# Krein-Milman theorem and dividing pizza with toppings

In this question the OP mentions the following problem as an exercise on Krein-Milman theorem:

You have a great circular pizza with $n$ toppings. Show that you can divide the pizza equitably among $k$ persons, which means every person gets a piece of pizza with exactly $\frac{1}{k}$ of any of the $n$ topping on it.

I am not sure whether I interpreted it correctly. To me it seems that mathematical reformulation of the problem could be that I have functions $f_i\colon X\to [0,1]$ for $i=1,\dots,n$ corresponding to how the toppings are distributed on the surface of pizza - the space $X$. And I would like to obtain a decomposition $X=A_1,\dots,A_k$ such that for any $i=1,\dots,n$ I have $\int_{A_1} f_i = \dots = \int_{A_k} f_i$, i.e., each person has the same portion from each of the toppings.

I am not sure whether this is the correct formalization. (Certainly the fact that Krein-Milman is supposed to be used is some kind of a hint on how the problem is supposed to be interpreted.)

But even if my interpretation is correct, I am not sure where to start. To apply Krein-Milman theorem, I need some locally convex topological vector space and some compact convex subset. I am not sure what space I could choose, since based on the above formulation it seems that the elements of this spaces should be somehow related to divisions of the circle.

Another possible interpretation I can think of is that I work with the functions $\{1,2,\dots,k\} \to \mathbb R^n$ representing how much of each topping gets the $k$-the person. It is certainly possible that $k$-the person gets the whole pizza, which would correspond to $f(k)=(1,1,\dots,1)$ and $f(i)=(0,0,\dots,0)$ for $i\ne k$. By I do not see how to show that the set of all admissible possibilities is convex. And if I can show that it is convex, then I do not really need Krein-Milman theorem.

I think this refers to the range of vector valued measures: If $\mu_1,\ldots,\mu_n$ are real nonatomic measures on a measurable space $(\Omega,\mathcal B)$ then $\mu:\mathcal B \to \mathbb R^n$, $B\mapsto (\mu_1(B),\ldots,\mu_n(B))$ has a compact and convex range.

This is Theorem 5.5 in Rudin's Functional Analysis and indeed an application of the Krein-Milman theorem.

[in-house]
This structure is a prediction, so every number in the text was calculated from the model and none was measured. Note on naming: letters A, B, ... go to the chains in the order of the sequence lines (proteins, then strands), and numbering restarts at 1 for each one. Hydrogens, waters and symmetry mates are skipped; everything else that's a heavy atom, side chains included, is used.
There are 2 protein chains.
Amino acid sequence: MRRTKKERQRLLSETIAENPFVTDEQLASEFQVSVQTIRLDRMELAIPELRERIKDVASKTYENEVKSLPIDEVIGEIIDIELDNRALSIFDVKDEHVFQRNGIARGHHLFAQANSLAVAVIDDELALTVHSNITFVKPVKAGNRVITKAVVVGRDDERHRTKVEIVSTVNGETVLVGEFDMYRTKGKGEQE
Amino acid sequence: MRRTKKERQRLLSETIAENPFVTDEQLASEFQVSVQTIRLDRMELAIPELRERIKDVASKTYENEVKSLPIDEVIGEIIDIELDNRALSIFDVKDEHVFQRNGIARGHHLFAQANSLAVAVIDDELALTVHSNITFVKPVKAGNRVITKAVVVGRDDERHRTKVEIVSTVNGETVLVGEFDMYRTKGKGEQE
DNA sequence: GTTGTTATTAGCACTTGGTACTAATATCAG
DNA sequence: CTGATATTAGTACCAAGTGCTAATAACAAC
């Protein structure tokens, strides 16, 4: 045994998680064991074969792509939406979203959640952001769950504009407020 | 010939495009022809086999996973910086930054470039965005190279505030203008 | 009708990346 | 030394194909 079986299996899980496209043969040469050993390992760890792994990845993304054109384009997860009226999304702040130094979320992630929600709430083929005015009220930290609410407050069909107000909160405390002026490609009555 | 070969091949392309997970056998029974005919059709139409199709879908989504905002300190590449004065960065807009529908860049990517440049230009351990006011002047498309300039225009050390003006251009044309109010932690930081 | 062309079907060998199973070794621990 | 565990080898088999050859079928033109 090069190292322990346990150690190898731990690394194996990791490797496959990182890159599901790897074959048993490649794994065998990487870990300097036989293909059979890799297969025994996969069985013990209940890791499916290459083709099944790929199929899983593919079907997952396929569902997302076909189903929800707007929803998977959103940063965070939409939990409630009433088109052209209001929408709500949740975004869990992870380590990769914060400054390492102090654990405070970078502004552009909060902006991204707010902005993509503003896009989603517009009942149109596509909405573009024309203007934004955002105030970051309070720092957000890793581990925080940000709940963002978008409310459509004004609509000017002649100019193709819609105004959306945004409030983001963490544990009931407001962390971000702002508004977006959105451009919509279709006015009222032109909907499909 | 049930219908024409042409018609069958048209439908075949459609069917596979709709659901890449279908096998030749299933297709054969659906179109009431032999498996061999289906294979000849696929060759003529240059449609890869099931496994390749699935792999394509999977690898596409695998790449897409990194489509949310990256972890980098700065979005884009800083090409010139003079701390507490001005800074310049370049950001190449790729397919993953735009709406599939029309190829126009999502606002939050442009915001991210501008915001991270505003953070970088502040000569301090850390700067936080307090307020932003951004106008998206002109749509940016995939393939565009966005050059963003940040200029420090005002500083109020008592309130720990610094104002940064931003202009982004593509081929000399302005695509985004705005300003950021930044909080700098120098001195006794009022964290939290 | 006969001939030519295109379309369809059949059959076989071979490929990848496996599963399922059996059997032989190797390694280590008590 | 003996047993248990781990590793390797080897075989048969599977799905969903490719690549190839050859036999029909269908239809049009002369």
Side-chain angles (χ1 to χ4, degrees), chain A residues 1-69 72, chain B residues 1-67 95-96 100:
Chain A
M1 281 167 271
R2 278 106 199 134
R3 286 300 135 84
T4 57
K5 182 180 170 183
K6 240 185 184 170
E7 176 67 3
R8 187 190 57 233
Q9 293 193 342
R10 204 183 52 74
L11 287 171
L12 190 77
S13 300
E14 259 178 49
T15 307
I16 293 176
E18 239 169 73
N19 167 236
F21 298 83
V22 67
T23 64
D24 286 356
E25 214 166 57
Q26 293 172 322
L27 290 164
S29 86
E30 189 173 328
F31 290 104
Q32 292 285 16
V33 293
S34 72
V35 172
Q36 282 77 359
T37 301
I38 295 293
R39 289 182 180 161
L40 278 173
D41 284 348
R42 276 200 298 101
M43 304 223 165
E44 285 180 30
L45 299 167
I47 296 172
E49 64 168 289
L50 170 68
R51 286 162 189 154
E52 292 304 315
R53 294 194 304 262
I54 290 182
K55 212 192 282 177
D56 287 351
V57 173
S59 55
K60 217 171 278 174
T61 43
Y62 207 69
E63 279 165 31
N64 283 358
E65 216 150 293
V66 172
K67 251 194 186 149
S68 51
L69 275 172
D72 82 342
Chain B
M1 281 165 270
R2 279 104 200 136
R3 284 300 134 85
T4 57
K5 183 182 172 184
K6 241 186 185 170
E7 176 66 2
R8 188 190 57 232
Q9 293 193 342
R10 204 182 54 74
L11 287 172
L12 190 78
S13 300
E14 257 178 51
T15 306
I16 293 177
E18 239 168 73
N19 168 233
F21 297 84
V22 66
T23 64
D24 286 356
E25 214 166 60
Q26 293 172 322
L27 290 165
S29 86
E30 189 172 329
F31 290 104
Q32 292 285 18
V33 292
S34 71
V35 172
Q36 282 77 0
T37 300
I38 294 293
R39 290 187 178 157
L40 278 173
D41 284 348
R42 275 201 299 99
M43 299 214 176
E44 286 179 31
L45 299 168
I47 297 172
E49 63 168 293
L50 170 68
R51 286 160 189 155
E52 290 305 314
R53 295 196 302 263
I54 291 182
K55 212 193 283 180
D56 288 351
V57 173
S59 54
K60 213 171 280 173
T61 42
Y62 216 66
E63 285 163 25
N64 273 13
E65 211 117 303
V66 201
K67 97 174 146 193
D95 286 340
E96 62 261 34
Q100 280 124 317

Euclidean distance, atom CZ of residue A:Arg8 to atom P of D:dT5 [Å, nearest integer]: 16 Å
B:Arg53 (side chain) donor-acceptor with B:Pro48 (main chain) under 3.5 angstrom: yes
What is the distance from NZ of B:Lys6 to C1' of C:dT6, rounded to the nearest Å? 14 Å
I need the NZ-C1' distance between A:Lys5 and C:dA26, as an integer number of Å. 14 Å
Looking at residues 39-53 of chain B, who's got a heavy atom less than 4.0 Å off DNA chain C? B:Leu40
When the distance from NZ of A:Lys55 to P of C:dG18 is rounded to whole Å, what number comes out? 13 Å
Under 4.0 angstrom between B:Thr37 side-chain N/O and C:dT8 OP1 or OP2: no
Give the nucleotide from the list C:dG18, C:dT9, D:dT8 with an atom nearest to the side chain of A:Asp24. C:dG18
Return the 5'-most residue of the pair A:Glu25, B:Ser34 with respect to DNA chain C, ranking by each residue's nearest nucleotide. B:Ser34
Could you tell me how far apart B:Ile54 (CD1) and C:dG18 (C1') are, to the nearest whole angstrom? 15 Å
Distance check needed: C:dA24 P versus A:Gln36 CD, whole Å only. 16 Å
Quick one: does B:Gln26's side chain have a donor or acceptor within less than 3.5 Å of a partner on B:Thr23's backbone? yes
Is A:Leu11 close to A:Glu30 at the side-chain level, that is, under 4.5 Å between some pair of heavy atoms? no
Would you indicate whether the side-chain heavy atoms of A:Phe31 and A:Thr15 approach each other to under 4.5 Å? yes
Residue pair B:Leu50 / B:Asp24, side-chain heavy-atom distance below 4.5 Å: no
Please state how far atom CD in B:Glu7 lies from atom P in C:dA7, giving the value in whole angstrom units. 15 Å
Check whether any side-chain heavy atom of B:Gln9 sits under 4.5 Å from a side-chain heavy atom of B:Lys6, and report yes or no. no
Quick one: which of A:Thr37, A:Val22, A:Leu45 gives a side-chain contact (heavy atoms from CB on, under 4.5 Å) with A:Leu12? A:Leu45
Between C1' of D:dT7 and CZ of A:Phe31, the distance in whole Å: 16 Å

• Thanks for your answer. This certainly sounds like a reasonable interpretation of that question. After your post I was able to find that this is sometimes called Lyapunov Convexity theorem (for example, Theorem 13.33 in the book by Aliprantis and Border) and there is even a post on this site with some references for various proofs. – Martin Sleziak Jun 7 '17 at 10:03
• I am curious about Rudin's Theorem 5.5, surely each $\mu_k$ must also be finite? Clearly if we take each $\mu_k$ to be the Lebesgue measure, then the range of the above function is the (non compact) line $t \mapsto (t,\cdots,t)$? I presume this is a misprint in the book, but am unable to find an erratum. – copper.hat Dec 2 '18 at 20:24
• A * real* measure has real values. – Jochen Dec 2 '18 at 20:52
• @MartinSleziak Could you please explain why this theorem fits the analogy? if $(\Omega, \mathcal{B})$ is the pizza, and $\mu_1,\dots ,\mu_n$ measure the individual toppings, what does convexity say(and compactness)? – pitariver Jan 30 at 18:49
• @pitariver From $\emptyset,\Omega\in\mathcal B$ we get that both $(0,0,\dots,0)$ and $(1,1,\dots,1)$ are in the range. From convexity we get that $(\frac1k,\frac1k,\dots,\frac1k)$ belongs in the range, i.e., there is a set $B\in\mathcal B$ such that $\mu_1(B)=\mu_2(B)=\dots=\mu_n(B)=\frac1k$, so if we split the $B$ for one person, they get the right amount from each topping. We can then continue with dividing $\Omega\setminus B$. – Martin Sleziak Jan 30 at 19:13